• Bonuses: When considering giving annual bonusses or “13th cheques”, remember that a bonus is taxed at the same rate as other remuneration. This means that the amount of the bonus will be added to an employee’s annual salary to determine the rate of tax payable for the year. However, the bonus amount might push some employees into a higher tax bracket, significantly eroding the amount of the bonus the employee receives after tax. Be sure to get professional advice on structuring bonuses to be tax efficient.

Giving to clients/suppliers

  • Christmas functions: Where clients or suppliers are entertained at a Christmas function, expenses such as meals, venue hire and live entertainment can be claimed as a tax deduction. However, this is only allowed where the taxpayer can prove that expenses were incurred in pursuit of business. It will be necessary to keep a comprehensive schedule of the entertainment expenses along with the date, the venue, the company and people entertained, and the purposes of that entertainment (for example prospecting for a new client) to prove to SARS that the expenses were genuinely business-related.

    In the past, this deduction was prone to abuse. Consequently, a claim for entertainment expenses is likely to be flagged for investigation by SARS, and taxpayers should not risk this unless they have verified their tax position with a specialist and are certain they are able to prove the expenses claimed are again, genuinely business-related.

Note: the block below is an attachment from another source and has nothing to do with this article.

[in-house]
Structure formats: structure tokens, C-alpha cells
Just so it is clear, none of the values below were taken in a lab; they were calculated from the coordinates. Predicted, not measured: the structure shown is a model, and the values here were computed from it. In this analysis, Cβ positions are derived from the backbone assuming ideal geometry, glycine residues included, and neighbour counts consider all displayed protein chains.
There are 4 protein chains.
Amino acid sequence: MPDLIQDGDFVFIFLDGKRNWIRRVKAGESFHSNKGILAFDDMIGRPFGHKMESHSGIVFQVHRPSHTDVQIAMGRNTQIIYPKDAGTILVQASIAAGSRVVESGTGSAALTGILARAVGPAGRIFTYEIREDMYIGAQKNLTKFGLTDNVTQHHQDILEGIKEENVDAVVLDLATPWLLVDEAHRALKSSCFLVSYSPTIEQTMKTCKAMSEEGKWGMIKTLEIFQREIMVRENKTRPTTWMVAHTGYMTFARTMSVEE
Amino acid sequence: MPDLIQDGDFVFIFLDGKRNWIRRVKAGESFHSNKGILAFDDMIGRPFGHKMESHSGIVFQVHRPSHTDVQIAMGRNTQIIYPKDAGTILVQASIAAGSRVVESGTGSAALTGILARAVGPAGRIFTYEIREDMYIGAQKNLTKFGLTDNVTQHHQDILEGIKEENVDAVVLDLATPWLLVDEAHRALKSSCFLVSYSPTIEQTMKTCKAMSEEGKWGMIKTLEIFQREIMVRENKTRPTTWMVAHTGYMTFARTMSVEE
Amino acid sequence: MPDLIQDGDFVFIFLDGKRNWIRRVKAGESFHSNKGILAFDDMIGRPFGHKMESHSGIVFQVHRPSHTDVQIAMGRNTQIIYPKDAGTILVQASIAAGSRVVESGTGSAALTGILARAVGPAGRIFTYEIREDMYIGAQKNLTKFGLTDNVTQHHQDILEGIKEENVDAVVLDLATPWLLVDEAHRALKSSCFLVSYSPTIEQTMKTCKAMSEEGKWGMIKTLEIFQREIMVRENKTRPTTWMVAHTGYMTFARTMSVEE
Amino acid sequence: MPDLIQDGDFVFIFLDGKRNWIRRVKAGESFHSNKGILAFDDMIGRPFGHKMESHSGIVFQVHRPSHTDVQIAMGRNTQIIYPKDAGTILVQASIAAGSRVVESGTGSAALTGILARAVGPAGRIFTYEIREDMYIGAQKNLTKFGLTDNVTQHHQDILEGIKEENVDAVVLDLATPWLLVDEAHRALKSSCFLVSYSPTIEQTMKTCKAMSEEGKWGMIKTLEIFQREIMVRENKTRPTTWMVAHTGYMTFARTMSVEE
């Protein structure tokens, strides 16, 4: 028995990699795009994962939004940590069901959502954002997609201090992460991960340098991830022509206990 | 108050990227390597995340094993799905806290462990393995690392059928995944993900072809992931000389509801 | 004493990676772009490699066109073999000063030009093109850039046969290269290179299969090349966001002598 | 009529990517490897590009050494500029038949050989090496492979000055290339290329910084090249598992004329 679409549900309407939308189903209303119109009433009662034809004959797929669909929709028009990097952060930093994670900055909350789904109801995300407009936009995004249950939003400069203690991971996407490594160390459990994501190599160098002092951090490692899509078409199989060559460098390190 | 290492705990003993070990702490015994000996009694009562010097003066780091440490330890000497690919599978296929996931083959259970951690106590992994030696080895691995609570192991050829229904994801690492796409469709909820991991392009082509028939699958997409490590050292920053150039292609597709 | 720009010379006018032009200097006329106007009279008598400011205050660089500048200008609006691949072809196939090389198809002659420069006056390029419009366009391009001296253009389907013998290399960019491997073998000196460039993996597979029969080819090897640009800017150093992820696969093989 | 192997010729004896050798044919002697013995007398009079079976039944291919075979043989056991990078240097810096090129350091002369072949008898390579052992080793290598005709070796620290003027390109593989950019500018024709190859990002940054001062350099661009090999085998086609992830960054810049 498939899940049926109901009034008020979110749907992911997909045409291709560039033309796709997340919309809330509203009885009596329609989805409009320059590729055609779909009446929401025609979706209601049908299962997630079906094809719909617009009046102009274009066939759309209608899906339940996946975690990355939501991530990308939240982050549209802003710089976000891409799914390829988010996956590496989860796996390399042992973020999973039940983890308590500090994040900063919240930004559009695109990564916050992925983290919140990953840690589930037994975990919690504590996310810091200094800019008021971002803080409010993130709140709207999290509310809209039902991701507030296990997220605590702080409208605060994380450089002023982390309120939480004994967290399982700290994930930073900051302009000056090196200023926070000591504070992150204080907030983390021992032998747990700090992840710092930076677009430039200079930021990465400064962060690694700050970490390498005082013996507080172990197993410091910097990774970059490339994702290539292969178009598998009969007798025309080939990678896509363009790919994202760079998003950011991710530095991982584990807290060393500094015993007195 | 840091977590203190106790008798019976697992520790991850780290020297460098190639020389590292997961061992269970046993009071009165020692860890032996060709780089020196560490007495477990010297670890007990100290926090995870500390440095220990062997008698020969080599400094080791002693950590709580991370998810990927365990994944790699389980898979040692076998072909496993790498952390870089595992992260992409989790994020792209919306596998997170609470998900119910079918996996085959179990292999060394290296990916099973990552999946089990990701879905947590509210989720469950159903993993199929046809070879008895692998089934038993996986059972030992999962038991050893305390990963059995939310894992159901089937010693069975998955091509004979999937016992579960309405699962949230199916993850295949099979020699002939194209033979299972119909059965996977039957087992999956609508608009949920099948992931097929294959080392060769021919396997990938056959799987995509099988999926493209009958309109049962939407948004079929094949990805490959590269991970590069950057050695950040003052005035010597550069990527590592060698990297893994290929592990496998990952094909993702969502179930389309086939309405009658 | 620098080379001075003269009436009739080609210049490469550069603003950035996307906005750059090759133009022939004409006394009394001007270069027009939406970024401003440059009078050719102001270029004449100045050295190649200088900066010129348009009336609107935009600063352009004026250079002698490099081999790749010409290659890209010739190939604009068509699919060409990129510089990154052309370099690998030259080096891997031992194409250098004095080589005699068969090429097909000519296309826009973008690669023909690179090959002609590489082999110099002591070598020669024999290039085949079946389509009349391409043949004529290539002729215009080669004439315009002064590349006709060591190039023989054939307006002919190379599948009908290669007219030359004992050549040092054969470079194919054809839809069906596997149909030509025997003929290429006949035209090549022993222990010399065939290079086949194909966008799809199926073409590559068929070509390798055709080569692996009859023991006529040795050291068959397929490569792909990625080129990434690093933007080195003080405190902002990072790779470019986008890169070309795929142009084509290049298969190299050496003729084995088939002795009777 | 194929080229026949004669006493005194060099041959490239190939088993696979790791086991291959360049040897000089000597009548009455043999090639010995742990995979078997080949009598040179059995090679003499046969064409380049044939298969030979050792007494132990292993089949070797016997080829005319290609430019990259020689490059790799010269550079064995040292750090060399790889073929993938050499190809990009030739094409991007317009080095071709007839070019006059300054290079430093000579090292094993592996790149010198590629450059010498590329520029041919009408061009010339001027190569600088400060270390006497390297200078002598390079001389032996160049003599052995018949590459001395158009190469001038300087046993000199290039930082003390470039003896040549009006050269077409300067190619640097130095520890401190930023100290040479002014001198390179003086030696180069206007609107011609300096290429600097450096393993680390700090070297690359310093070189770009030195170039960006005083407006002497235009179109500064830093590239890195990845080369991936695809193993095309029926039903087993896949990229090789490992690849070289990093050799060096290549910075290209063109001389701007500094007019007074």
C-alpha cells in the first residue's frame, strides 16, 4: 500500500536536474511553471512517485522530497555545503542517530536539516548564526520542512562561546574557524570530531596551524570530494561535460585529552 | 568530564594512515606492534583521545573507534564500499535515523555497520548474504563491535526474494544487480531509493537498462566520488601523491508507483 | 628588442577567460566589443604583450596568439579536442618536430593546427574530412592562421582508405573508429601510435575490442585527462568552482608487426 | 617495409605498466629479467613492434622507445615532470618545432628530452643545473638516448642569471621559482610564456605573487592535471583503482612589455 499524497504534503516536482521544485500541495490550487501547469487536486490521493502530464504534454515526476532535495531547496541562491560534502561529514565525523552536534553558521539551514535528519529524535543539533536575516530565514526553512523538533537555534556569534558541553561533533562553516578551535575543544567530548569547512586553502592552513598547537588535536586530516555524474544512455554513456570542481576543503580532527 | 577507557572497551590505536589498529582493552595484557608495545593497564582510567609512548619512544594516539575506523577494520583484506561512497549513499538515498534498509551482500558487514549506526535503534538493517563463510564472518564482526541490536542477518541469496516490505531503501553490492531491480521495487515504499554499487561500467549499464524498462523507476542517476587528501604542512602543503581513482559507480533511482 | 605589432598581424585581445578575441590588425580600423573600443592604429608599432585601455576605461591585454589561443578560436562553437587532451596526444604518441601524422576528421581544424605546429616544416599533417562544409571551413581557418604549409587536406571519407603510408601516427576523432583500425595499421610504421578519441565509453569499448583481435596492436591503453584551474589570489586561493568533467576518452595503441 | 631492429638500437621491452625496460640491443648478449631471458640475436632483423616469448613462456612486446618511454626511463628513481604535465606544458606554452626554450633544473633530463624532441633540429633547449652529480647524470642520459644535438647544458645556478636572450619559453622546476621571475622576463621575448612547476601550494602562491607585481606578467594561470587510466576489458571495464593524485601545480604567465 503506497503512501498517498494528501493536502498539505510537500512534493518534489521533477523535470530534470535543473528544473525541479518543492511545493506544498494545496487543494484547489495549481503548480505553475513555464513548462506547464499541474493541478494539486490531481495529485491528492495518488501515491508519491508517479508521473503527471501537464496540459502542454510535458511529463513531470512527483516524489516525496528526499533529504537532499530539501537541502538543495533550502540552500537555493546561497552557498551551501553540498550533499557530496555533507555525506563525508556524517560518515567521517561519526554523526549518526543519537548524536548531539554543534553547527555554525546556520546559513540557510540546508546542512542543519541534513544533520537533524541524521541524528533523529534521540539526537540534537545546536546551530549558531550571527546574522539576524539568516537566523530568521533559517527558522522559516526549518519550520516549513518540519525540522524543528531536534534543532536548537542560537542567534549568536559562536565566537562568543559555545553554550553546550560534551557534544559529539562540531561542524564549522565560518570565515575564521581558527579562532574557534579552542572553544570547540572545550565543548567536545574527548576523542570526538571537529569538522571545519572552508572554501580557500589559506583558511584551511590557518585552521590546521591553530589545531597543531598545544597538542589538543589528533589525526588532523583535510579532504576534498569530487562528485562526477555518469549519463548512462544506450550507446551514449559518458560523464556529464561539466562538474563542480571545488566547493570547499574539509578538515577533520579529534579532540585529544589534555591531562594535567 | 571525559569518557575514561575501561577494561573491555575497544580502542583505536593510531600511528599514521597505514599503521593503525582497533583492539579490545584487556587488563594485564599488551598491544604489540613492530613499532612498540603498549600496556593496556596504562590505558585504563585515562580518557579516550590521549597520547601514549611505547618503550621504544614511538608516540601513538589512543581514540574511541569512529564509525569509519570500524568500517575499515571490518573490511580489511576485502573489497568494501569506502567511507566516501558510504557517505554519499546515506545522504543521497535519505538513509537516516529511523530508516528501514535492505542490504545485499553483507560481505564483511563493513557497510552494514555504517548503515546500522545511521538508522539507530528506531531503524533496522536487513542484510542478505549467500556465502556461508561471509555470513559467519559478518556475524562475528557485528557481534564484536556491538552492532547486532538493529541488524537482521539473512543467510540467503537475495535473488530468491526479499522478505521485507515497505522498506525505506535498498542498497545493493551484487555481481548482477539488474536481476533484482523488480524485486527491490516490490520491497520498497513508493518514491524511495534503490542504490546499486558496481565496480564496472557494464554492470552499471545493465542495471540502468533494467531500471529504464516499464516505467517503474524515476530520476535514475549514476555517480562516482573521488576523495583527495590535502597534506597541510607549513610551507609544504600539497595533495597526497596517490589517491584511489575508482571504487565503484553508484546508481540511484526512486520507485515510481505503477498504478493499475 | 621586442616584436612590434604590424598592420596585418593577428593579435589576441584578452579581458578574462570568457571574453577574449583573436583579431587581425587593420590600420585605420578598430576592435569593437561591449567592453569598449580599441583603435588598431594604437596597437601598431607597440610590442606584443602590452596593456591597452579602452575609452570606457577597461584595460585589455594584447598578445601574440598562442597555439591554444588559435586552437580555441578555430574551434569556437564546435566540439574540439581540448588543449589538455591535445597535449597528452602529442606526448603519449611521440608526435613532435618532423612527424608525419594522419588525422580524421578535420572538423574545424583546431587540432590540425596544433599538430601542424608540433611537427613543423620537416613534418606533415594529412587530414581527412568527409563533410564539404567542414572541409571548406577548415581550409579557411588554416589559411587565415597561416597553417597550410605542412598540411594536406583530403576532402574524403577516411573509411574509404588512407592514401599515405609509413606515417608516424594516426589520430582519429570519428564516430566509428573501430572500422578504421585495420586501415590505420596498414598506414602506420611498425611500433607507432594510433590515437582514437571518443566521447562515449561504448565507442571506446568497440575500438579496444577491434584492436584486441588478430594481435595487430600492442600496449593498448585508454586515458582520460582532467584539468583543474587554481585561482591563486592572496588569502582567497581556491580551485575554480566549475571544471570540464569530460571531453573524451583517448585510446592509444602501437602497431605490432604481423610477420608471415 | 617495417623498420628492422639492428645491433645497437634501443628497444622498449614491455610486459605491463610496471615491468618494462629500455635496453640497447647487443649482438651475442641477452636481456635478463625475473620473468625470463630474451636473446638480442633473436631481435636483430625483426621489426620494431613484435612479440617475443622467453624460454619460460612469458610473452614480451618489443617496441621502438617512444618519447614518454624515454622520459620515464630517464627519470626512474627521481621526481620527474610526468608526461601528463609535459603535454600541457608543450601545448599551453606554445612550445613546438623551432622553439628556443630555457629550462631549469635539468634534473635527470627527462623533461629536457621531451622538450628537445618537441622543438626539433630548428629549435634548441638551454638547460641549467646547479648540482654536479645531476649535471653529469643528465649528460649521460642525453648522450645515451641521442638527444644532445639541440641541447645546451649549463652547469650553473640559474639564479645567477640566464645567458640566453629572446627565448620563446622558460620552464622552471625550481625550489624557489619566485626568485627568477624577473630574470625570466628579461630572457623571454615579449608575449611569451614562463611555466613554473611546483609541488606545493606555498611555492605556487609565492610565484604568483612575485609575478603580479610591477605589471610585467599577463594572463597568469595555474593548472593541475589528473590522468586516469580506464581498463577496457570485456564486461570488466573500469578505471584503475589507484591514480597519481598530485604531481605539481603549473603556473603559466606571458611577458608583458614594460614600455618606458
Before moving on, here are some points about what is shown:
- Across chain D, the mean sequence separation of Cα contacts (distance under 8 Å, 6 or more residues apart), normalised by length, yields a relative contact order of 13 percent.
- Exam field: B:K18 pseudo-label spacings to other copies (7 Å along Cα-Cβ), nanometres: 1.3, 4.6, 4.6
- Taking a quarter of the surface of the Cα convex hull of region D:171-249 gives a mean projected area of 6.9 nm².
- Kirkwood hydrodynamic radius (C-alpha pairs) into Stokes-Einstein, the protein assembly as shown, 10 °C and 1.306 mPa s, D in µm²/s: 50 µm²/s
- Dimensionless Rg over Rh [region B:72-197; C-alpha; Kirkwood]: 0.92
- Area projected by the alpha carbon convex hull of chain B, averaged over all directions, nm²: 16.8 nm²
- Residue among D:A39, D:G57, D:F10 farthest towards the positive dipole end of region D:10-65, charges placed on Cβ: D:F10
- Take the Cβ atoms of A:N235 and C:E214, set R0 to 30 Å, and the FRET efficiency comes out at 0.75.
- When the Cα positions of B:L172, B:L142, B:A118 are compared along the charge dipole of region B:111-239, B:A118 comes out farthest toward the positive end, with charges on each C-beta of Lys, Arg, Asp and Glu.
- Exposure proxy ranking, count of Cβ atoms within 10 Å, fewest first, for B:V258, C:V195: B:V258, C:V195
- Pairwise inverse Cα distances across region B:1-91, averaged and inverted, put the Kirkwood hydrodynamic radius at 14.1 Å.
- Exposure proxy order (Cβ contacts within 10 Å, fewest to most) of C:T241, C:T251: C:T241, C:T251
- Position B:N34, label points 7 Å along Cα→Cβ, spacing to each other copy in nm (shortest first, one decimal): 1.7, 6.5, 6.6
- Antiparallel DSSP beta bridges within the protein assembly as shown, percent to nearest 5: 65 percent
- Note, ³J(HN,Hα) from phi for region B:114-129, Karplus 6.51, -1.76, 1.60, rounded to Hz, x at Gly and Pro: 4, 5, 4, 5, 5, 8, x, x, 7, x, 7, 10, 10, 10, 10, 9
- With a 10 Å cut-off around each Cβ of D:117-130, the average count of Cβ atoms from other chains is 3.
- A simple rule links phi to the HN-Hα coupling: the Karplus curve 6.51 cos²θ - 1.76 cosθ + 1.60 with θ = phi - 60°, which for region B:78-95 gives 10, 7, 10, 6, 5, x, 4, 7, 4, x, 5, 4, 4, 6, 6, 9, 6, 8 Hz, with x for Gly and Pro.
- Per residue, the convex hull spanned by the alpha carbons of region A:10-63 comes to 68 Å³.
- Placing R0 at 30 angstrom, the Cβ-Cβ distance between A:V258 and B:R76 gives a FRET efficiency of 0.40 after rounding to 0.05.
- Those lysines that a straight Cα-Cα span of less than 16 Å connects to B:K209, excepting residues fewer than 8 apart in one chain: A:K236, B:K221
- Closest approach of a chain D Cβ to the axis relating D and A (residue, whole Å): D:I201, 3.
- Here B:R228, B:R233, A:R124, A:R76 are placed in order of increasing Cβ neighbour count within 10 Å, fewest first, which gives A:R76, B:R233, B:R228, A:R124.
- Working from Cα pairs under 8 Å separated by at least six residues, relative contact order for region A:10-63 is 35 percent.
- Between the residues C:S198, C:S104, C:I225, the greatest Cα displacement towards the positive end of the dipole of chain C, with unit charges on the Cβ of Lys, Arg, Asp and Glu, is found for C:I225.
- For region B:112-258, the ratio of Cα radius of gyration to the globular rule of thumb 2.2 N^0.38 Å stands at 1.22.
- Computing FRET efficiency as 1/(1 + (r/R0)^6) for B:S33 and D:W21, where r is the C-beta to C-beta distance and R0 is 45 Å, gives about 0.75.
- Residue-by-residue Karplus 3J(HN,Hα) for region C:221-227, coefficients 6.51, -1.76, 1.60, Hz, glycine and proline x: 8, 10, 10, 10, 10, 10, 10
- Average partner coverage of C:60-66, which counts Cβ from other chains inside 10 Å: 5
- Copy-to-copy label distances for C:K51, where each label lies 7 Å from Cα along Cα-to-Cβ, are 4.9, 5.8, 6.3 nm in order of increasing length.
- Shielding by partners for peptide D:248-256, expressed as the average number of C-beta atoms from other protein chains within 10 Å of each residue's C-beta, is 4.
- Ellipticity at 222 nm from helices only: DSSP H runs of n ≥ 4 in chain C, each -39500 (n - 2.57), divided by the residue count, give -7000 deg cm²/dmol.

In addition, input VAT cannot be claimed on entertainment expenses, including but certainly not limited to business lunches and dinners; annual functions; and expenses incurred for entertaining clients at restaurants, bars and night clubs.

  • Gifts: Many companies show their appreciation and build relationships with clients and suppliers with corporate gifts that can range from bottles of wine to keyrings. These expenses could be tax deductible as marketing expenses or as cost of sales expenses, but the onus will rest on the taxpayer to prove that these expenses were incurred in the production of income.

Giving to charities

  • Donations: Before making a donation, consider that there may be donations tax implications. A company will not incur donations tax for the first R10,000 per annum in donations. However, any amounts over this limit are taxed at a flat rate of 20% on the value of the donation up to R30 million, and at a rate of 25% on donations over and above R30 million. Furthermore, any donations made to a registered PBO (Public Benefit Organisation) are not subject to donations tax, even for amounts over the limits set out above. The PBO must have been approved by SARS – have a professional check.